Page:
According to UNICEF, at least 75 per cent of children living in so-called orphanages still have one living parent, many of whom are paid in exchange for their child living in these facilities. Orphanage operators in Cambodia have been known to seek out children to live in their establishments and to provide payment or exercise coercion for their parents to give them up. Often these children come from very poor families in rural areas, and the operators disingenuously offer parents the opportunity of a better life for their children than the parents believe they would be able to provide in their local communities. Just stop and think about that: thousands of children are being removed from their families, from their friends, from their communities, from those who love and nurture them, to fill places in these facilities.

Not only are these children isolated from their families; many of them receive substandard formal education, they live in unsanitary and unsafe conditions, they are highly vulnerable to sexual abuse and they are deprived of the opportunities to develop life skills in society and in the workforce. It is well documented that, when they reach adulthood and leave the institution, they experience great difficulty integrating into society, and they already face major social and developmental challenges. So they often suffer the impact of long-term neglect and abuse, just as Australian children do in similar facilities. Perversely, the more we support these unregulated institutions, the more displaced children we are now creating as new orphanages spring up to satisfy our own personal desire to volunteer to help poor children.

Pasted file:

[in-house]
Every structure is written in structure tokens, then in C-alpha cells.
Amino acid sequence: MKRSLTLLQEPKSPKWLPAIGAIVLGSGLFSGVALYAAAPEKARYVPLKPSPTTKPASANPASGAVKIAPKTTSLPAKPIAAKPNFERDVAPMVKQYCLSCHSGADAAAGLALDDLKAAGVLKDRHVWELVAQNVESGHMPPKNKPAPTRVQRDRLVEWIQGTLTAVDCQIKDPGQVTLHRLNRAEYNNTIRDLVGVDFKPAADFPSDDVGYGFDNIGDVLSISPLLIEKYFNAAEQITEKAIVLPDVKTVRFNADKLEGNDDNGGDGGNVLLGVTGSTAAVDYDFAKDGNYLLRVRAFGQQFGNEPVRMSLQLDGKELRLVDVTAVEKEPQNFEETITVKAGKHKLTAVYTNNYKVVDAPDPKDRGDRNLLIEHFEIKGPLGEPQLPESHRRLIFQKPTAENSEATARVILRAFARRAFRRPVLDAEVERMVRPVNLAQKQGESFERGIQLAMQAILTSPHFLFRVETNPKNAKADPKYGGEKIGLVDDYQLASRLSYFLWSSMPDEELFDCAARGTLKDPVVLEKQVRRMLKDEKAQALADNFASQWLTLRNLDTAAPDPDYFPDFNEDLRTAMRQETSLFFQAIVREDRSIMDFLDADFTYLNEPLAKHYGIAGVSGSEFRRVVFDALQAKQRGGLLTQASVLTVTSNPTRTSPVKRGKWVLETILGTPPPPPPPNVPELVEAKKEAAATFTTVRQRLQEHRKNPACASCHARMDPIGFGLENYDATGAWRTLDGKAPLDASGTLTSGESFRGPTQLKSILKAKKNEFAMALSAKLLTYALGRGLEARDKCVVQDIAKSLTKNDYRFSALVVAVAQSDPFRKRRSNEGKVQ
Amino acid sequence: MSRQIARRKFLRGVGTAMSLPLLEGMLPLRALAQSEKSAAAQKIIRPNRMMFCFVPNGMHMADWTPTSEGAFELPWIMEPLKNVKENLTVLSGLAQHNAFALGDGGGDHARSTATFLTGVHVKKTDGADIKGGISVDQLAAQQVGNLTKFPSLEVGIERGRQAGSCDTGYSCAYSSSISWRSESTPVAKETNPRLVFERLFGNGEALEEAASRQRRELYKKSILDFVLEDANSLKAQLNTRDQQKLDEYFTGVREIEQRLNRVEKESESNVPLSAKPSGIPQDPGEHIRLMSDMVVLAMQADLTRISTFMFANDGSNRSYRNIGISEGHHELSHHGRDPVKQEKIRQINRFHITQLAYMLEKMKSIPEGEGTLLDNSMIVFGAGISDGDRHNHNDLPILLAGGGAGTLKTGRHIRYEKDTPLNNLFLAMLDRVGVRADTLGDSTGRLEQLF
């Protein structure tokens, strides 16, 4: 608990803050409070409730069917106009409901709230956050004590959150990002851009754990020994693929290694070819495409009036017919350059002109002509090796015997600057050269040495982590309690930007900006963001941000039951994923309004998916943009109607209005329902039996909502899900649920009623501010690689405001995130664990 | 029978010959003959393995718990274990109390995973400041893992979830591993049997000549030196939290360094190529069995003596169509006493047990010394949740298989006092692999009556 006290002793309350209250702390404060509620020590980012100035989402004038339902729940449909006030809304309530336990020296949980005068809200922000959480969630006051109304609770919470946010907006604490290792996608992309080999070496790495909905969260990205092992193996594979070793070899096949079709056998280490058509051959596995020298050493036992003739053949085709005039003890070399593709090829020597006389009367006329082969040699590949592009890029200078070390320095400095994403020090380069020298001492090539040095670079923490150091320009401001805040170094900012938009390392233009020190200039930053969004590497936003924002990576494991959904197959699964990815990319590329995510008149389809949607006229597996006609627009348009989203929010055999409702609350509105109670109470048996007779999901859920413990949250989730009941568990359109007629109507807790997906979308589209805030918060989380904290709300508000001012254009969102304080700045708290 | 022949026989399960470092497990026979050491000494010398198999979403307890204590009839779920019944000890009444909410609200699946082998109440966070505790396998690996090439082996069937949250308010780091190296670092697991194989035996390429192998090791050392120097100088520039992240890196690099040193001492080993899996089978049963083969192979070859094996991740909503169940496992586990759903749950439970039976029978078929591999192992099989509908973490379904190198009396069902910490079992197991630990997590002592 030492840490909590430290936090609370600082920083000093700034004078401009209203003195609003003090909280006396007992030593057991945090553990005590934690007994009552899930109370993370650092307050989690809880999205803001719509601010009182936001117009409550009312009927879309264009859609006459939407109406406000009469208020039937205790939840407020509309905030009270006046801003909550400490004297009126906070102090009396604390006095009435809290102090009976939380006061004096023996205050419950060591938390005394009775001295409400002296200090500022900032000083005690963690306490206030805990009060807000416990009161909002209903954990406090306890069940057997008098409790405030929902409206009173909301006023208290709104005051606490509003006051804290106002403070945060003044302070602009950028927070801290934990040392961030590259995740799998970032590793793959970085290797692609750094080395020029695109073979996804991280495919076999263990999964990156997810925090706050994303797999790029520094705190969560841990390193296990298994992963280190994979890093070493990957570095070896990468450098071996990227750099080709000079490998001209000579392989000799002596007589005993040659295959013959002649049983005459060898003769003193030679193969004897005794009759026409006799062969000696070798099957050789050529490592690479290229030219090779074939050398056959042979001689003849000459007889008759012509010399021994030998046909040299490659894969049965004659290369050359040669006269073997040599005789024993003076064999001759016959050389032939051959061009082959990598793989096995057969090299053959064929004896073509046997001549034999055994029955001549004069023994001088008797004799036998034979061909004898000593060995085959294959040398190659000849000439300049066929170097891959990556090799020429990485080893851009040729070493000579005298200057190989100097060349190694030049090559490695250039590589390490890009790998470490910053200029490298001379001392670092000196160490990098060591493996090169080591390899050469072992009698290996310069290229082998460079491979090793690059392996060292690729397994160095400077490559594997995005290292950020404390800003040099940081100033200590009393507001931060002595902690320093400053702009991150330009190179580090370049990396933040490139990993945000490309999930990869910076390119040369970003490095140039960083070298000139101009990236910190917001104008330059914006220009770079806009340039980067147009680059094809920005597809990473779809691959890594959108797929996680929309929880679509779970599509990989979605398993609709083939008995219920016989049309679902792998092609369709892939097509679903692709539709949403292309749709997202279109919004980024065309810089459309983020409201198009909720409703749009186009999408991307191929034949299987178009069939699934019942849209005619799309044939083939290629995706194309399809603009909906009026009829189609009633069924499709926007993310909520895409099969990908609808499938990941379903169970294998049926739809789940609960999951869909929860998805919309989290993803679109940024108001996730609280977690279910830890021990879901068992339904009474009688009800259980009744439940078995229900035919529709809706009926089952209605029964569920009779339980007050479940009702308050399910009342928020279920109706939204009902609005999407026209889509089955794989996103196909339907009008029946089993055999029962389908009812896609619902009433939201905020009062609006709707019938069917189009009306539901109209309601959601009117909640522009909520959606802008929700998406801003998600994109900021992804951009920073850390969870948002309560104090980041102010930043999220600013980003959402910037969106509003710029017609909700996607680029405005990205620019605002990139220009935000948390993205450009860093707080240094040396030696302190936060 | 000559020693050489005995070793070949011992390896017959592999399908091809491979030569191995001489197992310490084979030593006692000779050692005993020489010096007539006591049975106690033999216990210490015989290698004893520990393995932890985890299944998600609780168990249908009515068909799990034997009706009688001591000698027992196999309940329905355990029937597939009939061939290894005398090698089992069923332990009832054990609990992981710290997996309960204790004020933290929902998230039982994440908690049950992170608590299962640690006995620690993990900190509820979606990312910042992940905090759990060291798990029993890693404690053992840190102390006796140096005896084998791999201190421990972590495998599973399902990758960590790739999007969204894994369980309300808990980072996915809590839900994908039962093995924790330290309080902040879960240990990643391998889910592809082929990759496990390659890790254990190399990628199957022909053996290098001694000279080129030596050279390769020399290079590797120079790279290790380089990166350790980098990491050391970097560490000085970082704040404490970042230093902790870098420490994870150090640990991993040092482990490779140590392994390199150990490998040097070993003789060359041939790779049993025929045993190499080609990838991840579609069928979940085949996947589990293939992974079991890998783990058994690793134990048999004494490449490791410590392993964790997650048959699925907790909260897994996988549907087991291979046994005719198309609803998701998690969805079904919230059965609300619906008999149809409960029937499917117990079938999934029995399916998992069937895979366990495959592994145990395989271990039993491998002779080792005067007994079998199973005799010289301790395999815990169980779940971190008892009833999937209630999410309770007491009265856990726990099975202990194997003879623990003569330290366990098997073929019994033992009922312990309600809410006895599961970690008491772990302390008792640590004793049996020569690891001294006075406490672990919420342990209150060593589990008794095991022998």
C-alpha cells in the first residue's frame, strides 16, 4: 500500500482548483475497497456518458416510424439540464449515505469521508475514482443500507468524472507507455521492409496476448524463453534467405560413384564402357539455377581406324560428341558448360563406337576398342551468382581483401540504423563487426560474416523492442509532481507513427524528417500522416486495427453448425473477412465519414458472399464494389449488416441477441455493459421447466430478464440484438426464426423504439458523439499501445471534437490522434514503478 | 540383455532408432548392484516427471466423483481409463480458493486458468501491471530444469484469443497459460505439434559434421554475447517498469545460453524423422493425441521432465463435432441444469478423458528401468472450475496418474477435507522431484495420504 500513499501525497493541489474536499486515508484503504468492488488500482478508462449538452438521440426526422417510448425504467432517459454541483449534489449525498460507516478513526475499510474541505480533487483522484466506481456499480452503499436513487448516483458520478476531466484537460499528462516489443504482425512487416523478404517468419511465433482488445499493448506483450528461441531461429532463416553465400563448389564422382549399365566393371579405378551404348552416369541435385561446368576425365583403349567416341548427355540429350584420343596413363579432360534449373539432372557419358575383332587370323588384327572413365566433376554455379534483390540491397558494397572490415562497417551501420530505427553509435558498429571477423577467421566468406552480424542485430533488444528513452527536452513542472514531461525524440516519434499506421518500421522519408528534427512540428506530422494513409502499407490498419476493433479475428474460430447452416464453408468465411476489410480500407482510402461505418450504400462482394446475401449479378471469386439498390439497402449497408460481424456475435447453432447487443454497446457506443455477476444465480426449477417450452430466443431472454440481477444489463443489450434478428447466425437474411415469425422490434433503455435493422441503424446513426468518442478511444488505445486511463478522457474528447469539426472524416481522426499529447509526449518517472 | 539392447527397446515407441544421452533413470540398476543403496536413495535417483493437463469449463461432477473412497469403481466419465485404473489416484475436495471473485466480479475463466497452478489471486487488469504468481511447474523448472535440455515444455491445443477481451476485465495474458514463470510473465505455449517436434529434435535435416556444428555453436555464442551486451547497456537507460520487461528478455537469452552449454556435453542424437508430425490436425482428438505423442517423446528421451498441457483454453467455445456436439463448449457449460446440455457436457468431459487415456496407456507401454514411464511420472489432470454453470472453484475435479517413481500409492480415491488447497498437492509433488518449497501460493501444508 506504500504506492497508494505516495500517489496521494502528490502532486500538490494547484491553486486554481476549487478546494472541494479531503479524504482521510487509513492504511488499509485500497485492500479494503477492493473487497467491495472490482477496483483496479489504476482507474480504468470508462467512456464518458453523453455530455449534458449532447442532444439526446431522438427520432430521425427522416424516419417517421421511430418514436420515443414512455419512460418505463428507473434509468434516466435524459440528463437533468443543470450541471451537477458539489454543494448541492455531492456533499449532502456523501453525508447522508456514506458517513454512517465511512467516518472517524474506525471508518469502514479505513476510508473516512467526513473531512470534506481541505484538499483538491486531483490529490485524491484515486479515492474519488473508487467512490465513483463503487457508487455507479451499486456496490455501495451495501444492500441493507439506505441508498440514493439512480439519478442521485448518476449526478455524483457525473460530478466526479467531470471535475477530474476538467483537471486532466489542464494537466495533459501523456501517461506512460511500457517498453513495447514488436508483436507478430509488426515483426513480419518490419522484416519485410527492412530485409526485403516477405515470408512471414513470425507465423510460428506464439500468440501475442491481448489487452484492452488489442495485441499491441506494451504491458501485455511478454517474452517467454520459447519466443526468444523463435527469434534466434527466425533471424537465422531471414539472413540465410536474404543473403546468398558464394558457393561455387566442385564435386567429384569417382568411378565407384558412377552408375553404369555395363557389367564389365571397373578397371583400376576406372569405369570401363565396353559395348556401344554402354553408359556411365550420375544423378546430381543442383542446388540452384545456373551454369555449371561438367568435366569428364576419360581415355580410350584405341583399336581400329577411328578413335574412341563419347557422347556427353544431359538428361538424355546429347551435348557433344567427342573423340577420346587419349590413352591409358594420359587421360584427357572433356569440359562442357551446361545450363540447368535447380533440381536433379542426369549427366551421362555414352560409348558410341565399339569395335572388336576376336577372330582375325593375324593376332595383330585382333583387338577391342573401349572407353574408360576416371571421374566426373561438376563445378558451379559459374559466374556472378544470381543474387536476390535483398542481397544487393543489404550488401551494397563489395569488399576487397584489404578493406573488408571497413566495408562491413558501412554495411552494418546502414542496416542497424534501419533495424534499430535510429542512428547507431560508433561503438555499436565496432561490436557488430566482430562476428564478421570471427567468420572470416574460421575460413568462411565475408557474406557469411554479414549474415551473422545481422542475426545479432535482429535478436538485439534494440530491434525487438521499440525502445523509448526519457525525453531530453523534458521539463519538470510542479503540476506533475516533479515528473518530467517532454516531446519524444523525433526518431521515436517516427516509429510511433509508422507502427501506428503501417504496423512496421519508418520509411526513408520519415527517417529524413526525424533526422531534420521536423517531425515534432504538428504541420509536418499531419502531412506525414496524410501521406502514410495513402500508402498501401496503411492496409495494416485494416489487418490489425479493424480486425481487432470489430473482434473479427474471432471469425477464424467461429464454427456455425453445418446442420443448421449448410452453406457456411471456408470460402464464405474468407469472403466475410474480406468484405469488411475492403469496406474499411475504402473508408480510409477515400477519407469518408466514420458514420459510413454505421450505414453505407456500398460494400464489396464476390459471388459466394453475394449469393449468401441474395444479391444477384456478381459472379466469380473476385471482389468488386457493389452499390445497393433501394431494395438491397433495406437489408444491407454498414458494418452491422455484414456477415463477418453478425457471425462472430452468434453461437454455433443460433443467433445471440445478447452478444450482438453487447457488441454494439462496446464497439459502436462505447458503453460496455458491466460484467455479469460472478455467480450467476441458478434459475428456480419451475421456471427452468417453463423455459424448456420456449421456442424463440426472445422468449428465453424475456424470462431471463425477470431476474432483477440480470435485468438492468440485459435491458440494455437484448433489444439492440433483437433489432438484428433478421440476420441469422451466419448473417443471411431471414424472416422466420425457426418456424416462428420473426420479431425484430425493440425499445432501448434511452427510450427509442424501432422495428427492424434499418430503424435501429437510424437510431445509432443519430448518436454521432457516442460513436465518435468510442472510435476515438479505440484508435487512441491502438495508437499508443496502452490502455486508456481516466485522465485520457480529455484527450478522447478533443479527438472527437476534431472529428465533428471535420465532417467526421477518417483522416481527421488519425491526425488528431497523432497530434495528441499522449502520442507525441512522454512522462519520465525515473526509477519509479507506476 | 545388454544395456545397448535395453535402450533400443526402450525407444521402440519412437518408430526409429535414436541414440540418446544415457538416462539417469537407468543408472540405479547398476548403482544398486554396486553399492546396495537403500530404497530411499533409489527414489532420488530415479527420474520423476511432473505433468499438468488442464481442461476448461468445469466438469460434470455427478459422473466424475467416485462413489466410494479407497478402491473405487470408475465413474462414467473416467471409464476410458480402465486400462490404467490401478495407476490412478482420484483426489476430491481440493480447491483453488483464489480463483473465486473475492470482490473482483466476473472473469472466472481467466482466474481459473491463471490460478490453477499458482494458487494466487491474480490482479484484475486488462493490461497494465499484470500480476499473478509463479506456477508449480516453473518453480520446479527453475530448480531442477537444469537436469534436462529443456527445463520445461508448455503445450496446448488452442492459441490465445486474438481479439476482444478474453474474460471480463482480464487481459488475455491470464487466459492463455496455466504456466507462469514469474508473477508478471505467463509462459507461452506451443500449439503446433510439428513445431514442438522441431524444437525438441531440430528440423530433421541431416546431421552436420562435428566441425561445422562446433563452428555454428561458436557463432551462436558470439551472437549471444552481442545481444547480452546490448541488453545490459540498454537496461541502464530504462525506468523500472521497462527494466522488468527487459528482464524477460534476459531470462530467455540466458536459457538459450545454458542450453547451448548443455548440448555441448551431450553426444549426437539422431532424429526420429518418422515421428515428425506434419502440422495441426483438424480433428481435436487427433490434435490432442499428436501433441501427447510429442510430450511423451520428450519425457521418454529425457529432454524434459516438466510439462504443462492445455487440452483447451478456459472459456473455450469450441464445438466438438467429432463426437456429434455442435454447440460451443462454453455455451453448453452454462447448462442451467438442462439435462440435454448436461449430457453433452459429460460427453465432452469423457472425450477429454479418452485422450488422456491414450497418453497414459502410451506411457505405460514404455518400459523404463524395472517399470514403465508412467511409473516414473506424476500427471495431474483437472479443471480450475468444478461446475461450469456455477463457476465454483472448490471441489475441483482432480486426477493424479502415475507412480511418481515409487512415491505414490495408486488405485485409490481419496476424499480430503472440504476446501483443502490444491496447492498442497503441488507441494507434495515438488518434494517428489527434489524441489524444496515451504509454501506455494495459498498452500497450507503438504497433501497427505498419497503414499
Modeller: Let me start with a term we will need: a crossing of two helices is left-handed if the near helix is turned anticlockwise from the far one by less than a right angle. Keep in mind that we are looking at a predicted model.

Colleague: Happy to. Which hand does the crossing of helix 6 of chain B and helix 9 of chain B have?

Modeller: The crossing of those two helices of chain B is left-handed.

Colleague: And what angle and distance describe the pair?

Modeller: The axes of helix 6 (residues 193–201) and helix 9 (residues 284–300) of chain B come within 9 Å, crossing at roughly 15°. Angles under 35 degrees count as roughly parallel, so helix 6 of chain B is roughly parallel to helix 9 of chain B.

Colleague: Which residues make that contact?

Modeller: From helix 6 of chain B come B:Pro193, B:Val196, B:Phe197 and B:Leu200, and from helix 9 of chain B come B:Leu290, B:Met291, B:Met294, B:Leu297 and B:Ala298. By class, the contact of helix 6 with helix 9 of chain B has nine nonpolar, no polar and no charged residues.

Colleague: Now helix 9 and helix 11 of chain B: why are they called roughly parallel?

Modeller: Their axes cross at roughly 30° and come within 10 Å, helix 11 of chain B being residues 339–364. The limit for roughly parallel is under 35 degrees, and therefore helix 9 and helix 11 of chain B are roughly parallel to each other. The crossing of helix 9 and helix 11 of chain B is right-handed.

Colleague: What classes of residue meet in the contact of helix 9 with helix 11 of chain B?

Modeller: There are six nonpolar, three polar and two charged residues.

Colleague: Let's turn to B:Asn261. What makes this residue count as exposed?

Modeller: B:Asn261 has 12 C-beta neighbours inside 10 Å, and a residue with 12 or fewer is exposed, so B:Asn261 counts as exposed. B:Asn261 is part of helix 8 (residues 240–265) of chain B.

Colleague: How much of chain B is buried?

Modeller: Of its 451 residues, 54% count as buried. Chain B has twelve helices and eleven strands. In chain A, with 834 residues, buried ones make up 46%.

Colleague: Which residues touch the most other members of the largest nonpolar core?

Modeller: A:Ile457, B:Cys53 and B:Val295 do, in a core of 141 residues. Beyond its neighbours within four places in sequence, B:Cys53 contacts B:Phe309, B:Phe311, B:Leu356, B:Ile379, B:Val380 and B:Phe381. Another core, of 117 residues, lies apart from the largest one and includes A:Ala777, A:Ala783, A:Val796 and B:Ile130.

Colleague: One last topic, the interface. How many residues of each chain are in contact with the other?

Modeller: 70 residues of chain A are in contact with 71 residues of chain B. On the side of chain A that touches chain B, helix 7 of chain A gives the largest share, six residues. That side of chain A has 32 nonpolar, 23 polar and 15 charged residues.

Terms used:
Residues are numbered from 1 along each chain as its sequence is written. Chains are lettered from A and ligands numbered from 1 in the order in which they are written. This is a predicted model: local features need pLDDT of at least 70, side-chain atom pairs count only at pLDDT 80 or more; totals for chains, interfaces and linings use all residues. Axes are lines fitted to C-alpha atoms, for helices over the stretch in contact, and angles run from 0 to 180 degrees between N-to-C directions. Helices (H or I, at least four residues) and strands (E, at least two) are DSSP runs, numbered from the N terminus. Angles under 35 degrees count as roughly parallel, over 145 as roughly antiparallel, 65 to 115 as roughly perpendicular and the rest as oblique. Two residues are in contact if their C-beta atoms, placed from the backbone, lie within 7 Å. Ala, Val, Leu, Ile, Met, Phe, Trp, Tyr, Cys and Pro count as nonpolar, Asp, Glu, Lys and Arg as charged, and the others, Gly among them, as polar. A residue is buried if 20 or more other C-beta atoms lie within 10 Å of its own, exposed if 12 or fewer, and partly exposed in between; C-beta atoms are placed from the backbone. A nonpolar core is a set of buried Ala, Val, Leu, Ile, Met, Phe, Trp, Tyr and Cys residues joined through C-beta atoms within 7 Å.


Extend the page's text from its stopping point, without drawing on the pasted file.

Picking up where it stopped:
NGOs internationally emphasise the importance of development programs that provide skills training and education—for example, in agricultural techniques and small business management—for individuals and communities so they are better able to support their children and keep their families together in their local communities. This is the approach now adopted by DFAT in the allocation of Australian aid, which specifically does not fund programs that work with orphanages in Cambodia and elsewhere.

While not all overseas orphanages are exploiting children for profit, for Australians it can be almost impossible to tell the difference. There are many programs, however, run by reputable NGOs that focus on community care for orphans or for children whose parents are unable to care for them. They believe, like I do, that this is the best method to ensure that they experience a childhood of stability, safety and strong education, and learn the life skills necessary to live successfully in their own communities.

Consequently, I am seeking to raise awareness of the harm unknowingly being done by many Australians who simply do not do sufficient due diligence before they travel overseas. I also want to make sure that they know about how to access information on reputable NGOs that are working with children and their families in local communities. To that end, I am advocating for a new DFAT 'smart volunteer' website to be prominently located on the main DFAT webpage to provide practical assistance for all Australians wanting to volunteer overseas to ensure that they make the best possible choices. I urge all Australians hoping to help, or donate money to, orphanages overseas to do their due diligence. They should only work with reputable international organisations or charities registered here in Australia that focus on community care for children, capacity building and education.

With that in mind I am now working with Save the Children and with Minister for International Development and the Pacific Senator Fierravanti-Wells, Minister O'Dwyer and other ministers to develop more accessible and informative resources to better inform and prepare Australian who want to make a real and enduring difference to the lives of others in our region how to become a smart volunteer instead of inadvertently becoming a voluntourist. I want to ensure that all West Australians and, indeed, all Australians become smart volunteers who make an enduring difference to the lives of many in other communities and not inadvertently become voluntourists—who can make the situation in the communities that they go to worse, not better.